1. Blumenthal M, Farnsworth NR. Echinacea angustifolia rhinovirus infections [letter]. N Engl J Med. Nov.3, 2005;353(18):1971-1972. Available at: http://content.nejm.org/cgi/content/short/353/18/1971.

2. Turner RB, Bauer R, Woelkart K, Hulsey TC, Gangemi DJ. An evaluation of Echinacea angustifolia preparations in experimental rhinovirus infections. N Engl J Med 2005;353:341-348

3. Anon. Herbal Science Group Says Dosage Too Low in New Echinacea Trial [press release]. Austin, TX: American Botanical Council, Jul. 27, 2005.

4. Chang A. Study: Herbal remedy echinacea fails to treat or prevent colds, Associated Press, Jul. 27, 2005.

5. Kaplan K. Cold relief from echinacea might be all in your head. Los Angeles Times, Jul., 27, 2005.

6. Kolata G. Study says echinacea has no effect on colds. New York Times, Jul. 28, 2005.

7. Winstein KJ. Still no cure for the common cold -- Popular herb is dealt blow amid broad federal review of alternative remedies. The Wall Street Journal. Jul 28, 2005.

La Guía aumentada de la Hierba Acreditó Por 2008: Liberta CME para Médicos

Biogaia Signs Agreement In Austria

BioGaia has signed a 5-year agreement with HSO Pharma giving the company exclusive rights to market the BioGaia dental products, tablets and baby drops in pharmacies and clinics in Austria.

The BioGaia Dental products and the tablets will be sold under the BioGaia brand and the baby drops will be sold under HSO Pharma brand. HSO expect to launch the products in the middle of 2006.

This agreement is important, as it is the first international agreement for the BioGaia branded dental products and also the first partner who will launch a complete portfolio of BioGaia products.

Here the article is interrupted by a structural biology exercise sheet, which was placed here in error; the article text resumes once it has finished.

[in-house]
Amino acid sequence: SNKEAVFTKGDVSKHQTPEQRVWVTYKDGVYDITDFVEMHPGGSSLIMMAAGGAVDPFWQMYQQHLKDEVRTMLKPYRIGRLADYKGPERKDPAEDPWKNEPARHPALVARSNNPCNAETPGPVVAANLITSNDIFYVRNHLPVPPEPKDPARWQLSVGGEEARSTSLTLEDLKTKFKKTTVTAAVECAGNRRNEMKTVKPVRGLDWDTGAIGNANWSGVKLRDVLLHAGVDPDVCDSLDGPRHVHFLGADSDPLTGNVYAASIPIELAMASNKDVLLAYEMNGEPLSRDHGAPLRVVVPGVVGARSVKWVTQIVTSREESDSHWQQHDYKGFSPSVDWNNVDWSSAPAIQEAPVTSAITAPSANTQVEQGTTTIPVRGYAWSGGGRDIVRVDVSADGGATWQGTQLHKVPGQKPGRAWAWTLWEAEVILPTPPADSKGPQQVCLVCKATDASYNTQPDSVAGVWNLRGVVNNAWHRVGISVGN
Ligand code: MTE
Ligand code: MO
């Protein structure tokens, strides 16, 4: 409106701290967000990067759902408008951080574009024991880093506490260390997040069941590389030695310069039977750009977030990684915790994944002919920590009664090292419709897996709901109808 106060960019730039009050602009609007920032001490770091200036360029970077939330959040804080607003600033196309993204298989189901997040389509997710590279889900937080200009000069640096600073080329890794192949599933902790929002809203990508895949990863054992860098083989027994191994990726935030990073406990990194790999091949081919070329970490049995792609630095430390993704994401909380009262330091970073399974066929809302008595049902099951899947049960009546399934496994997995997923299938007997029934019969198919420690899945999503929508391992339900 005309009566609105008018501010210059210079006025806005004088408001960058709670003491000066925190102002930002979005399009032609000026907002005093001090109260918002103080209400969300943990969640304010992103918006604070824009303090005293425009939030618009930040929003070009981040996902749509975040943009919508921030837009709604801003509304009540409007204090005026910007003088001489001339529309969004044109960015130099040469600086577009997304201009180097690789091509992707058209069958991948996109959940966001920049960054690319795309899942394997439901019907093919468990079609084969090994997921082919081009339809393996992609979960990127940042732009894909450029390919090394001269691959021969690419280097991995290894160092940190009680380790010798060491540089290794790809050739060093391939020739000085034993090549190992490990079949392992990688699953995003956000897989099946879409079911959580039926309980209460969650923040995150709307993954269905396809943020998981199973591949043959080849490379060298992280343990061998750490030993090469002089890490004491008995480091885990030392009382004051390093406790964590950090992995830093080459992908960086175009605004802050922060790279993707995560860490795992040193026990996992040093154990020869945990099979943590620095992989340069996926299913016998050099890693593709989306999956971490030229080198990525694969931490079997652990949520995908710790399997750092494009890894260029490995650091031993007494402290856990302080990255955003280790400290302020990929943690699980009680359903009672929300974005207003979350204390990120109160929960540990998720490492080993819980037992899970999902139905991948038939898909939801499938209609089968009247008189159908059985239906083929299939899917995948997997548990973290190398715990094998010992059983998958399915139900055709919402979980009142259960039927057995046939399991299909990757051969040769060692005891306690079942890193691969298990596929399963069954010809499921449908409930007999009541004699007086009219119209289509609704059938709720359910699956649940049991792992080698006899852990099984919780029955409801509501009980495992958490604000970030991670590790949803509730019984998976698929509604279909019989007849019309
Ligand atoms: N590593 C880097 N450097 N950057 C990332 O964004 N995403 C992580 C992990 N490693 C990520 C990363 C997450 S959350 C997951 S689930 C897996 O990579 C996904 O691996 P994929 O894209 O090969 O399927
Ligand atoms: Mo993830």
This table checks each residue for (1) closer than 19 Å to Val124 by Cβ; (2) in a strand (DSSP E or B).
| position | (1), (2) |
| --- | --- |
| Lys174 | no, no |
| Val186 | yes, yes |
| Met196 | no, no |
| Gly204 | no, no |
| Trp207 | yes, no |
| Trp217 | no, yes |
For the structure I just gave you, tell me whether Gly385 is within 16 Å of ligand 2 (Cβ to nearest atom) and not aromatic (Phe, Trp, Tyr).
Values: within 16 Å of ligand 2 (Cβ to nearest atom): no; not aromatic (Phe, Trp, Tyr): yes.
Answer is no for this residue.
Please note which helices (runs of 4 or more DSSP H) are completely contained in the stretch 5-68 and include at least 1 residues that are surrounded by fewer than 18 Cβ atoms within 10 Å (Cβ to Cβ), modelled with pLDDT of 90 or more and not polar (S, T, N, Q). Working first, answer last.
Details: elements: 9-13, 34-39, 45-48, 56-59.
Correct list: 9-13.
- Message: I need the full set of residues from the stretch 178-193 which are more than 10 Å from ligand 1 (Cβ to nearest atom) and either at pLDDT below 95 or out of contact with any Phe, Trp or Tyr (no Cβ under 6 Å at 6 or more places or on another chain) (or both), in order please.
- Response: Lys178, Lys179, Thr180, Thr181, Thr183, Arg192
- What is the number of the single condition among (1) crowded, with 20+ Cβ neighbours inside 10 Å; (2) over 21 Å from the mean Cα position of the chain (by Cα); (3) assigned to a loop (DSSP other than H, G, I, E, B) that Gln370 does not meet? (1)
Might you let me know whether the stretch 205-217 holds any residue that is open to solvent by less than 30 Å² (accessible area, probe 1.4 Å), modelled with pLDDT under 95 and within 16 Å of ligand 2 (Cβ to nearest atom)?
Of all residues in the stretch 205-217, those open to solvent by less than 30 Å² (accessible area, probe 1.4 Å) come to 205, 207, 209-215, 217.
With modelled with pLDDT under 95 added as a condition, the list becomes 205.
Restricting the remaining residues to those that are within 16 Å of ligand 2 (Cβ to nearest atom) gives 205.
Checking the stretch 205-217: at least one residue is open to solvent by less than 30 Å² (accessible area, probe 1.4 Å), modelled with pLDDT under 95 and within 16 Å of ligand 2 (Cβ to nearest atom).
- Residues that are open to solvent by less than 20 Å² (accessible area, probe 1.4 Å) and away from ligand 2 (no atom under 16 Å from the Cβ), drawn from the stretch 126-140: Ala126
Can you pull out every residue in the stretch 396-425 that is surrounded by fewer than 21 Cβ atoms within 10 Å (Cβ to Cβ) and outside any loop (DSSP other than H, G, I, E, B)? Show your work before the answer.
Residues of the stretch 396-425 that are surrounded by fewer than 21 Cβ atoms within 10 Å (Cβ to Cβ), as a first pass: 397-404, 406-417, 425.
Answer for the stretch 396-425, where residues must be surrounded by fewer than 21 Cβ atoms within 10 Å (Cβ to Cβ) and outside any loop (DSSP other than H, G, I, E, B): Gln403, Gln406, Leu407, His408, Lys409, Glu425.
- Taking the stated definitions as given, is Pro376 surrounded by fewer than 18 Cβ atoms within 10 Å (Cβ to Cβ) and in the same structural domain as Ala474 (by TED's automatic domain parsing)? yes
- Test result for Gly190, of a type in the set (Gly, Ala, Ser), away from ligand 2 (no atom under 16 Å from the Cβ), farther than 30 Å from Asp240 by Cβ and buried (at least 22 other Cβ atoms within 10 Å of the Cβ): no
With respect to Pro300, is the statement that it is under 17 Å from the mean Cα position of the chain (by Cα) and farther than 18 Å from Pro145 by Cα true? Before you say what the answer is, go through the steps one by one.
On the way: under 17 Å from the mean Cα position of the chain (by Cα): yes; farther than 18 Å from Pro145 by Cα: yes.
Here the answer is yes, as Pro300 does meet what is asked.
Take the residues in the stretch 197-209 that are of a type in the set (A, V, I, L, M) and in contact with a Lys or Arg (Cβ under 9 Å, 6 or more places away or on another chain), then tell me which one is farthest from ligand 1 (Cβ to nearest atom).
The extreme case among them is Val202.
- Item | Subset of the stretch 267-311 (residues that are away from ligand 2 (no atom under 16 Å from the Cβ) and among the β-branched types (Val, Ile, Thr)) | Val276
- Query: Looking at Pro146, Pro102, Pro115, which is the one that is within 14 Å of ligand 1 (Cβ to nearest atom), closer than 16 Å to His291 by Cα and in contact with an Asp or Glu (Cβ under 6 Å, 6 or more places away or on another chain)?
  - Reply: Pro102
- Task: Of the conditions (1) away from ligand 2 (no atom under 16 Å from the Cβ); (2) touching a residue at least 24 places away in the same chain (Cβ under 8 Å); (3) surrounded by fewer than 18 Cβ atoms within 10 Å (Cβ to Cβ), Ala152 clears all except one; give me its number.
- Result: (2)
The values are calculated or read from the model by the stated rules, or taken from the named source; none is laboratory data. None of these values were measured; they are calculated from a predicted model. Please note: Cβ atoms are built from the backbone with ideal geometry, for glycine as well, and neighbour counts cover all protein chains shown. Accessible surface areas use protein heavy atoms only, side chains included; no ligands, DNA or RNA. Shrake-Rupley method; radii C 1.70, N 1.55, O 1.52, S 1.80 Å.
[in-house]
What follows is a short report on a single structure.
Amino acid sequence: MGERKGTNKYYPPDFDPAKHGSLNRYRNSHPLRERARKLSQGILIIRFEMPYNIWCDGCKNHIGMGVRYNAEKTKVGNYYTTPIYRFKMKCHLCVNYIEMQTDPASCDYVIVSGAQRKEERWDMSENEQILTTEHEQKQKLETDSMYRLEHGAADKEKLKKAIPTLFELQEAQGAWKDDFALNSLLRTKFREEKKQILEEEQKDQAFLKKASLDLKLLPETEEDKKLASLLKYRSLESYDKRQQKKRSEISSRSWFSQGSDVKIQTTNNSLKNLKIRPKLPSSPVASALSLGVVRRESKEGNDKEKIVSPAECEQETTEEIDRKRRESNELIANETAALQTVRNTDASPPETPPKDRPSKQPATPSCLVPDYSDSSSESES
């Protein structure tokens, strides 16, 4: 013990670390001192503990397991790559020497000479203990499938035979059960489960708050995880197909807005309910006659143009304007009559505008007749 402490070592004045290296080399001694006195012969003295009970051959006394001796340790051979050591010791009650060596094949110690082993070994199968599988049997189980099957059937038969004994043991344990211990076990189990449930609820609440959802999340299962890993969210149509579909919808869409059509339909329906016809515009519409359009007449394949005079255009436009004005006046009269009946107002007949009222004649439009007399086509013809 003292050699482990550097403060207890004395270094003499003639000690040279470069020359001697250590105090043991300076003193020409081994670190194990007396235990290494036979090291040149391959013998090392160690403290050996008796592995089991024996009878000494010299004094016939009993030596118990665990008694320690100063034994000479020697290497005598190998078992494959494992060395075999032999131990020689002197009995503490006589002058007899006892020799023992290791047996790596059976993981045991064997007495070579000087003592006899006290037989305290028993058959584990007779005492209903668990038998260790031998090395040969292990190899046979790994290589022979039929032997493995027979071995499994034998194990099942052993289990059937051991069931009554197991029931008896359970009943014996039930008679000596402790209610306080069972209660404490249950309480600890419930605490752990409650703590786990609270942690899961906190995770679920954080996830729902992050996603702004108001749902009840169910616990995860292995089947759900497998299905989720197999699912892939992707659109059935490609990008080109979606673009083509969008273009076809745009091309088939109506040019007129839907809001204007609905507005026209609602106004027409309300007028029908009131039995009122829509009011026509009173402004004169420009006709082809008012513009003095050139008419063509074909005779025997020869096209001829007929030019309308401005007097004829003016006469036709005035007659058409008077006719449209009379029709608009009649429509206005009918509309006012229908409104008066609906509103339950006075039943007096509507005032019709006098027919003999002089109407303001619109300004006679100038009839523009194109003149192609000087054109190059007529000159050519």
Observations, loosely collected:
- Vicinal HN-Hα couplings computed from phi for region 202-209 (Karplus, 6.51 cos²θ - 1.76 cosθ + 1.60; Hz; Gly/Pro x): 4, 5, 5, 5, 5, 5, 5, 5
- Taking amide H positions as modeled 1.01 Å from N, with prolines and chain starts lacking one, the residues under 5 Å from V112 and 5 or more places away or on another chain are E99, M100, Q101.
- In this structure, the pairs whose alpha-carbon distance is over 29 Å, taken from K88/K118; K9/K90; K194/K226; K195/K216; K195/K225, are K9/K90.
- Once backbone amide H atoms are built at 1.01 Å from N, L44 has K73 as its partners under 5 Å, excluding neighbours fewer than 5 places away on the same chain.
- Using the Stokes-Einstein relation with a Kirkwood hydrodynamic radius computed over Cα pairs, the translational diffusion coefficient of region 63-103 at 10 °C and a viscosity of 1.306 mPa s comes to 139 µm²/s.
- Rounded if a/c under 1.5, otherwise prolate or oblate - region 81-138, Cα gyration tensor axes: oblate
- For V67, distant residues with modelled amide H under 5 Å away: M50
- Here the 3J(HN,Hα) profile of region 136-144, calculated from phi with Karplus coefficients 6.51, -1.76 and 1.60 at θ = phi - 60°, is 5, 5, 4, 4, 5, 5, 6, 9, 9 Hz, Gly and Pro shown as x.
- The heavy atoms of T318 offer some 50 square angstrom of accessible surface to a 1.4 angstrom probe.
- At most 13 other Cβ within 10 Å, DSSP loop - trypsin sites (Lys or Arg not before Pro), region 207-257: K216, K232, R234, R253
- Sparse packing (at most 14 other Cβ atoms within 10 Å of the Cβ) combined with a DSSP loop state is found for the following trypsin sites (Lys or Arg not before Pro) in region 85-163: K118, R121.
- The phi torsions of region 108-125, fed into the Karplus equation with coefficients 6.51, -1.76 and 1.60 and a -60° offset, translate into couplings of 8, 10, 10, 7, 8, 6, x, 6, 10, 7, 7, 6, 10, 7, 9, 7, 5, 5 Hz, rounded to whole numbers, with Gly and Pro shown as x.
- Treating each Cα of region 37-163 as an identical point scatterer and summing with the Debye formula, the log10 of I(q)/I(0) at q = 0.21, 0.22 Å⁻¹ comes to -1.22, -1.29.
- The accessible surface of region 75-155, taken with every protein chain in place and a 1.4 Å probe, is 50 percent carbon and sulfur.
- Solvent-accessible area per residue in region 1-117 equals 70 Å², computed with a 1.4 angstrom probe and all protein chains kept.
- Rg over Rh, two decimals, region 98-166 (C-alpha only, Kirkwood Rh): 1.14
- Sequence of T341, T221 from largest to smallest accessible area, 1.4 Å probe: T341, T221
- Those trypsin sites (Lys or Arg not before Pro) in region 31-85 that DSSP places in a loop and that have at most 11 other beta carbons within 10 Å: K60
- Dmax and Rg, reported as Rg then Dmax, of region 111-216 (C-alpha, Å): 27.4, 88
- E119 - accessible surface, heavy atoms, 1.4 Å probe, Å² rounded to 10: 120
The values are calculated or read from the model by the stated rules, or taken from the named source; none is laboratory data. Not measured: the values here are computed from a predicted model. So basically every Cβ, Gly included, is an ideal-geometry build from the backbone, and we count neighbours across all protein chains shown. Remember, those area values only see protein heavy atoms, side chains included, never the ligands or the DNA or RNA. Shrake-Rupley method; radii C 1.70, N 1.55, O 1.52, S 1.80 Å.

- We have seen great results in the clinical studies and during the test launch of the dental products in Sweden and look forward to the launch of the these products in combination with the drops and tablets by HSO in Austria, says Peter Rothschild Managing Director, BioGaia AB.

HSO Pharma is engaged and focuses in development and marketing of innovative products for gut health. The company is experienced in probiotics and is already selling probiotic capsules for gut health and vaginal health. Mr Helmut Essl, CEO of HSO is very happy to announce the extension of the product line with the BioGaia products, which makes HSO a complete probiotic supplier.

- We are a leading partnership in the probiotic market, our visions are very similar and we are both very ambitious to help people being well through a balanced bacterial flora, says Mr Essl.

BioGaia is a biotechnology company that develops, markets and sells probiotic products with documented health effects. The products are primarily based on the lactic acid bacterium Lactobacillus reuteri (ReuteriÒ), which has probiotic or health-enhancing effects. The Parent Company BioGaia AB's class B share is quoted on the O list of the Stockholm Stock Exchange.

Virgo Announces Agenda, Sponsors for Focus on the Future